The Ethics of Desire in the Philosophy of Ibn Gabirol

Document Type : Scientific-research


1 Doctoral student of philosophy at Beheshti University (corresponding author)

2 Associate Professor, Department of Philosophy, Faculty of Literature and Humanities, Beheshti University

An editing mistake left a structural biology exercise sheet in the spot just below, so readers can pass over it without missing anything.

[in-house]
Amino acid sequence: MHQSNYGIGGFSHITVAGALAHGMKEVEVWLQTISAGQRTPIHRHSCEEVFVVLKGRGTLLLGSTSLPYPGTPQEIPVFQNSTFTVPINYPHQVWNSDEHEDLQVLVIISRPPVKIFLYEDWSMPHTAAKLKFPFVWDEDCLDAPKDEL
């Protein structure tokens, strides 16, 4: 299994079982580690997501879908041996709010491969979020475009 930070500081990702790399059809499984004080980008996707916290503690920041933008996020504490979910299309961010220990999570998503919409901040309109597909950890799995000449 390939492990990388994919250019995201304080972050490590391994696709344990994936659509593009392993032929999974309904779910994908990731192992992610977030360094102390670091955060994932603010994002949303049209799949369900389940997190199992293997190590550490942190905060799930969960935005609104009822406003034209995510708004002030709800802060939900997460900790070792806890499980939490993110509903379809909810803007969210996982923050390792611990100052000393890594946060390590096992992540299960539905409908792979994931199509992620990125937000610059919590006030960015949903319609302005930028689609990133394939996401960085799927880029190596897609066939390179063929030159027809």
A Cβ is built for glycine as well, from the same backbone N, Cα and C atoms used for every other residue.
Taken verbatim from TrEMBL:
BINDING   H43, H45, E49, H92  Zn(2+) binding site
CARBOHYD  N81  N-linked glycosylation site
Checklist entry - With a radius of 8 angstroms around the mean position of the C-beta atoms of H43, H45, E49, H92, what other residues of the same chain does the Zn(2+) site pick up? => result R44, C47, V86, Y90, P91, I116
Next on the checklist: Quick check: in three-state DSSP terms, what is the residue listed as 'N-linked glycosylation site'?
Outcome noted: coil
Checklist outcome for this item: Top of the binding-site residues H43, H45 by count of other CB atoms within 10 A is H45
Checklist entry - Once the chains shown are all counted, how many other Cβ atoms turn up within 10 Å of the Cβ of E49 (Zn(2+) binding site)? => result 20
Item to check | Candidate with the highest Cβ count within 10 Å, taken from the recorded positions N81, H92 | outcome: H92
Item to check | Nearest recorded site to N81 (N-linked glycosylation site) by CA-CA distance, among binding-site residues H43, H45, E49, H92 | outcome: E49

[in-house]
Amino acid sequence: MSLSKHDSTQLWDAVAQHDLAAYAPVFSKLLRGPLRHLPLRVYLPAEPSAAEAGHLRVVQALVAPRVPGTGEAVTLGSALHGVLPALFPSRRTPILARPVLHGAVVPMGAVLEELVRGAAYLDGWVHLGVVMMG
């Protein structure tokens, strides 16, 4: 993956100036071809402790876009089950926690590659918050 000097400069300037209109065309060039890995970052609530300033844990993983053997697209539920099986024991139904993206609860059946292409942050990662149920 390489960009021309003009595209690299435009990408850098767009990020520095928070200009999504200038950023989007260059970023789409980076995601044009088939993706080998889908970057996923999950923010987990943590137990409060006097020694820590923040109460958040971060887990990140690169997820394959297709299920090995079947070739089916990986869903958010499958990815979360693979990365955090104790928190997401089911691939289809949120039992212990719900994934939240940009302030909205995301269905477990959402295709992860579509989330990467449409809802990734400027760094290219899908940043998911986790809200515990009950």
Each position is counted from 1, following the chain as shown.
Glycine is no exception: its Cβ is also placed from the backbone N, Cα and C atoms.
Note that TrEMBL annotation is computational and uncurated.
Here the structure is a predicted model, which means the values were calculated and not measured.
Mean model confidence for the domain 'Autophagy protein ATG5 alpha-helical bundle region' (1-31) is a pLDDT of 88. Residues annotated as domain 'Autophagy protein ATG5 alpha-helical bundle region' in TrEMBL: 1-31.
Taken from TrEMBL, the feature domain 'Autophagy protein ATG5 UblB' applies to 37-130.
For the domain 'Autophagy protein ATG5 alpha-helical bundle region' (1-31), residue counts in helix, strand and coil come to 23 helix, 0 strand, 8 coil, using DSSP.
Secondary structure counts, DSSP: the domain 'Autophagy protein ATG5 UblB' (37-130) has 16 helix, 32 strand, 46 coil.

The connection between ethics and metaphysics has always been an important problem in Neoplatonism. This question is also raised in the philosophy of Ibn Gabirol (the Jewish Neo-Platonist philosopher). Ibn Gabirol tries to connect ethics and metaphysics by the concept of ‘desire’. For him, the world consists of two movements: procession and reversion, i.e. the transformation of unity into multiplicity and the return of multiplicity into unity. Desire is both the cause of procession and the cause of reversion. “Human being” is the level from which the reversion begins. For this reason, he must turn “descending desire” (procession) into “ascending desire” (reversion). It is ethics that helps an individual, in his movement towards happiness, to make the ascending desire dominate the descending desire, that is, the ‘the pure indeterminate’ or ‘First unity’. But how can ethics do it? Ethics leads man towards his ascending desire through adjusting the natural dispositions. Man, because of his animal soul and his descending desire, confuses the determined things for the pure indeterminate as the object of his happiness. This causes the soul to go out of balance and tends to move toward multiple natural dispositions. These natural dispositions themselves cause a person to move further away from happiness. Ethics puts a person on the path of happiness through balancing natural dispositions.


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